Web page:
Do I Use Champagne Flutes or Glasses?

The taste of Champagne is greatly affected by the shape of the glass! So to have the best tasting sparkling wine, here’s a little insight into choosing the right glasses for your Champagne preference.

Just as there are many types of sparkling wine, like Champagne and Prosecco, there are many glasses. Each has its own taste profile.

Of course, you don’t need to have every sparkling wine flute ever made, pick the one that fits your drinking preference.

Guide to Champagne Glasses

Champagne Glasses vs Flutes infographic by Wine Folly

Selecting The Best Glass For You

There are some clear differences in how the shape will affect your perception of different sparkling wine flavor. There are a few other considerations to keep in mind:

Shape
As the illustration suggests, glasses with smaller openings and bowls are less expressive than glassware with a larger bowl shape. So, if you drink more affordable sparkling wine regularly, you may prefer flute-style glass, because it will hide flaws and make the wine taste more spritzy.
Material

Wine Glass Material

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The glass material will either be crystal or standard glass. The major difference between the two materials is thickness. Standard glass requires a greater thickness for durability, whereas crystal can be made thinner. Generally speaking, the less material that interacts with your palate, the less obtrusive it will be to the flavor. Thus, you should expect the finest Champagne glasses to be made of crystal (both lead and lead-free).
There are many outstanding crystal manufacturers to seek out, but be sure to add Riedel, Spiegalau, Schott-Zwiesel and Zalto to your shortlist as some of the most trusted brands with sommeliers.
Durability
The biggest problem with Champagne glasses is that they are top-heavy, which increases their potential to slide off trays or get knocked over and break. If you’re already nervous around stemmed glasses, you’ll be even more uneasy around Champagne flutes. Champagne flutes are essentially the bane of people who talk with their hands. If this sounds like you, you might want to stick to a standard white wine glass.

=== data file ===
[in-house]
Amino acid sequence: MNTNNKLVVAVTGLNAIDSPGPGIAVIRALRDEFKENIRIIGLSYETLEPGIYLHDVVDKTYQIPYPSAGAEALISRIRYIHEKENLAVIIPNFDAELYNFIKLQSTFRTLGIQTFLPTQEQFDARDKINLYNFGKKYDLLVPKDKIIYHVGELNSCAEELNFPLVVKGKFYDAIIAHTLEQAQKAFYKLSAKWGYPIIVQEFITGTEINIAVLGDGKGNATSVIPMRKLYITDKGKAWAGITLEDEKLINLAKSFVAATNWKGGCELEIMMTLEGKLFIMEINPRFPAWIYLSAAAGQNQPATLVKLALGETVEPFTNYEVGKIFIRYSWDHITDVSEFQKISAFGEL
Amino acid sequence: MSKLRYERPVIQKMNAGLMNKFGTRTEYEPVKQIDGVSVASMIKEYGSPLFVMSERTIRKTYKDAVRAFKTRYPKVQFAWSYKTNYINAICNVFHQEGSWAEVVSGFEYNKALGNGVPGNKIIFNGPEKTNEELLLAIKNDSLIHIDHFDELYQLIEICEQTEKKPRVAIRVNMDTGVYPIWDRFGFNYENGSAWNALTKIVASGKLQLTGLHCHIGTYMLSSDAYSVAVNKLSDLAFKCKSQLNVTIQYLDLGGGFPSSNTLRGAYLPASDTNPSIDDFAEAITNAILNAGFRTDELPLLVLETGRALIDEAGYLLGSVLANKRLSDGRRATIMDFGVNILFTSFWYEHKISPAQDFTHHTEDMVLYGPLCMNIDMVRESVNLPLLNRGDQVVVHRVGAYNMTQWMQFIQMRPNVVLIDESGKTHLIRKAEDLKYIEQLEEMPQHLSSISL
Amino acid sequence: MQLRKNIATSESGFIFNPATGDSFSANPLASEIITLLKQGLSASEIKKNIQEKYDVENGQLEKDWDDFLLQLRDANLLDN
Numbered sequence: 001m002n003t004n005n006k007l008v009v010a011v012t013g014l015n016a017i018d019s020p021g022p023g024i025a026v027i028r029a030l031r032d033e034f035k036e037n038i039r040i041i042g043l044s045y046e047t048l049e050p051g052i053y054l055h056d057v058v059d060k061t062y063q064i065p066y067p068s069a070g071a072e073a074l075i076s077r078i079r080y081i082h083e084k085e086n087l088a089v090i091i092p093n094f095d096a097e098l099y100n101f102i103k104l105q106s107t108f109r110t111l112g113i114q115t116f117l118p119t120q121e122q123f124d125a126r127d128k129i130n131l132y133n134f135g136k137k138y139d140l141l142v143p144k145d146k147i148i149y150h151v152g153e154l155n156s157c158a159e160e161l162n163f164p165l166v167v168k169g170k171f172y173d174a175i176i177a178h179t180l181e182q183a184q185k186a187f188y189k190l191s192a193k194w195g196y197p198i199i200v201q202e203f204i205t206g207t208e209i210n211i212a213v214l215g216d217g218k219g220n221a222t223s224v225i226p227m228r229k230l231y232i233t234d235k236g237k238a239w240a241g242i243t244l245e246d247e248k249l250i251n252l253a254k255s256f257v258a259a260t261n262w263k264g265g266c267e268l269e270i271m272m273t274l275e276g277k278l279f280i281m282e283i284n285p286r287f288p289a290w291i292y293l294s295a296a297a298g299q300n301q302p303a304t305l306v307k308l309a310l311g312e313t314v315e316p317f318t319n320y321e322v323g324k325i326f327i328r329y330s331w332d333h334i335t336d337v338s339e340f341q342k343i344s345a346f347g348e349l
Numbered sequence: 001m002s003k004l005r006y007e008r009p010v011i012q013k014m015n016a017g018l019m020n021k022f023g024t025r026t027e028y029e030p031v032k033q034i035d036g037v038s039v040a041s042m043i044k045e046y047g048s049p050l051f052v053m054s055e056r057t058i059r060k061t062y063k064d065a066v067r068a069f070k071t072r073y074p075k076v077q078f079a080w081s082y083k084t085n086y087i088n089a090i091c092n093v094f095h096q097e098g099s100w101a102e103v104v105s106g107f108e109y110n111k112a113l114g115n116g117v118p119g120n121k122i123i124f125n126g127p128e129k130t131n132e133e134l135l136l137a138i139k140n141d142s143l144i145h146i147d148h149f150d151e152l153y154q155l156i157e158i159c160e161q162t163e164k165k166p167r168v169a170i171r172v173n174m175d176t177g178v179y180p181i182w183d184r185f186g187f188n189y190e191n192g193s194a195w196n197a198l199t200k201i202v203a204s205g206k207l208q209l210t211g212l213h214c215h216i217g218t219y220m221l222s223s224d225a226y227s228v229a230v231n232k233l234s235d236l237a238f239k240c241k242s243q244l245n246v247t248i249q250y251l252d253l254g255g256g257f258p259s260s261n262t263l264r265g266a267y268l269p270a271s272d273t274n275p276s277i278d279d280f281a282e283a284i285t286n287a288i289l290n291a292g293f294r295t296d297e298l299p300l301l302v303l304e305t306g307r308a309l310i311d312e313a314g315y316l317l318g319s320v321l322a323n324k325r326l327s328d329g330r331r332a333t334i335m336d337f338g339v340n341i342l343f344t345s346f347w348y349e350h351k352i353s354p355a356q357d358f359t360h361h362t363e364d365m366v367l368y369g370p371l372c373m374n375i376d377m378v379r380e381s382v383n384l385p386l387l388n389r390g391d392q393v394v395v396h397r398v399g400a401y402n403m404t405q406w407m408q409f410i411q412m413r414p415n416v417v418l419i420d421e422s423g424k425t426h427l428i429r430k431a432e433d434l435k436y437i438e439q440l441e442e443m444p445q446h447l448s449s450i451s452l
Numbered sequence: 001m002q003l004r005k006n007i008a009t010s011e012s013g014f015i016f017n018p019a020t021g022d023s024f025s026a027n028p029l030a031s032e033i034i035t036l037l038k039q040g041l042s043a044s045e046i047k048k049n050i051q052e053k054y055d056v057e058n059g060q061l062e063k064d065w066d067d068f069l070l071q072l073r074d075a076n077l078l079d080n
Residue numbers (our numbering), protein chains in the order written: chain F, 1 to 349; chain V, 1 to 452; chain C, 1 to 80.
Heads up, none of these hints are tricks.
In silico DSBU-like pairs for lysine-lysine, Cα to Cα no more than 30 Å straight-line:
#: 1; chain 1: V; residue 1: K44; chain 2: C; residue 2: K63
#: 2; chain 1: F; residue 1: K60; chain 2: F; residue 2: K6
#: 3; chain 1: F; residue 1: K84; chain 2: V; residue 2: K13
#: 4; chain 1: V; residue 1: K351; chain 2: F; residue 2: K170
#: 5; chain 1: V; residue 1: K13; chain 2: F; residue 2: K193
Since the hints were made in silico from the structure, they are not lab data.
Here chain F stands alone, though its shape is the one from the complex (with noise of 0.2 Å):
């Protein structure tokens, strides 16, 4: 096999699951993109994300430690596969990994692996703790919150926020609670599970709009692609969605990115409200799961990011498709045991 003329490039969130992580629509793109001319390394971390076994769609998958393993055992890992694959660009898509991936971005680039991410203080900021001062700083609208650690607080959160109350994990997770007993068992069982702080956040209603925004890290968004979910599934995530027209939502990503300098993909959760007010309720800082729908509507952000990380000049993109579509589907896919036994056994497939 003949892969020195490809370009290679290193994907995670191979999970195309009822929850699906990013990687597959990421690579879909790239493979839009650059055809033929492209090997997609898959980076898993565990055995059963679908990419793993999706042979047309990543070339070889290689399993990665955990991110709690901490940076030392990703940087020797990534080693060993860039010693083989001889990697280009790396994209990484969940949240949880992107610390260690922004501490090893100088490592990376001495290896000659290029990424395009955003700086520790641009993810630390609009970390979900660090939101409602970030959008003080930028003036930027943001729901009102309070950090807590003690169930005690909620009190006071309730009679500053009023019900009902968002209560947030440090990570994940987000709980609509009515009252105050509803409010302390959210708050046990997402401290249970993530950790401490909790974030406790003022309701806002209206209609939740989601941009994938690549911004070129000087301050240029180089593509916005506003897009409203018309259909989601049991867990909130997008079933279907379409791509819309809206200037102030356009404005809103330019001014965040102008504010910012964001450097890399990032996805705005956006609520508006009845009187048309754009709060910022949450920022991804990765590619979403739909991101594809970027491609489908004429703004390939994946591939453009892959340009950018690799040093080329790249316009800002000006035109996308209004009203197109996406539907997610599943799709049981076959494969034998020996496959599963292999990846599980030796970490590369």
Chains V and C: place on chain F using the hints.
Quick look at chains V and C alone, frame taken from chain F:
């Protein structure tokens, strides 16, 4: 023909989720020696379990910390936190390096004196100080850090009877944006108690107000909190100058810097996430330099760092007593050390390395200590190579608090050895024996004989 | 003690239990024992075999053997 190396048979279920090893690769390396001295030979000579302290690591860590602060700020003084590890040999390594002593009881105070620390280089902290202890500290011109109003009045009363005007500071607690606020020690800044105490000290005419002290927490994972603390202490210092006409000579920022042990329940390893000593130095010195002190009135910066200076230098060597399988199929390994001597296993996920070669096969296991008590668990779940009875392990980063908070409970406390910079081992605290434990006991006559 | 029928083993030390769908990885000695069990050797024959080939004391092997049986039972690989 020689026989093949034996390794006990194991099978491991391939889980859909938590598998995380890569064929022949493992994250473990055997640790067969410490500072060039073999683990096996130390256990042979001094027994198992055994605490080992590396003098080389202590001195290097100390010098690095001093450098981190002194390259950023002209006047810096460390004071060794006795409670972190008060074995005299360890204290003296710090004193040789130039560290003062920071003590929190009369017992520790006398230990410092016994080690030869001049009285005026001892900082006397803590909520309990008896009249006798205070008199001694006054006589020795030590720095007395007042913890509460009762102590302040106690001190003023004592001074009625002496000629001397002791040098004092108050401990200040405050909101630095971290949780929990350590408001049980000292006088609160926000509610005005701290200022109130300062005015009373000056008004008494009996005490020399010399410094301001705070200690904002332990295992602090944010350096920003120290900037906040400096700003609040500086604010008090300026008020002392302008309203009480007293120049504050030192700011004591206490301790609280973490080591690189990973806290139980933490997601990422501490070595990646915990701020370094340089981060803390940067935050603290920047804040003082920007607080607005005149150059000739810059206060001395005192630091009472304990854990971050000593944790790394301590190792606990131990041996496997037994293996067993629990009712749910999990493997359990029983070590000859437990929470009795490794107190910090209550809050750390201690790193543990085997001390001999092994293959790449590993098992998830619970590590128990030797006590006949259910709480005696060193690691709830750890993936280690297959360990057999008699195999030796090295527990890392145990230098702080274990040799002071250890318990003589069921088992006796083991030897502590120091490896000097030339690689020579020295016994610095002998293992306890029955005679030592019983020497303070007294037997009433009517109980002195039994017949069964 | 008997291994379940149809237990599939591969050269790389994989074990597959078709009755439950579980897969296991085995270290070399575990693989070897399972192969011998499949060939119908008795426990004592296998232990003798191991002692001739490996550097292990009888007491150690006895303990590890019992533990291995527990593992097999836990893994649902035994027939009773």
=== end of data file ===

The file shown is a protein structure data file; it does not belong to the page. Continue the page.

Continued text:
Cleaning Wine Glass with Microfiber Cloth

Maintaining Your Glassware

One last consideration to make if you’re buying Champagne glasses is your willingness to hand-wash them (who loves dishes?). Standard glass is non-porous and can handle rigorous washing in a dishwasher, whereas fine crystal is more finicky.

It’s like the difference between maintaining a Toyota Camry vs. a Porsche Turbo. The pragmatic solution isn’t always as exciting, but remember, it’s about the wine…


Riedel Superleggero hand blown crystal glasses including CHampagne
We were delighted to see that Riedel’s new high-end glassware collection, Superleggero, includes a Champagne glass that mimics the white wine glass shape.

What We Use

We drink sparkling wine at least 2–3 times a week at the office and we open everything from cheap bottles of Cava to prestige Champagne. What do we use?


Wine Folly Gabriel Glas Universal Wine Glass

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Improve the flavor of all the wines you drink with a better wine glass. This crystal wine glass is the Stand’Art Universal single-piece glass by Gabriel-Glas. Made in Austria. Features a custom-etching for a perfect pour every time.

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About Madeline Puckette

James Beard Award-winning author and Wine Communicator of the Year. I co-founded Wine Folly to help people learn about wine. @WineFolly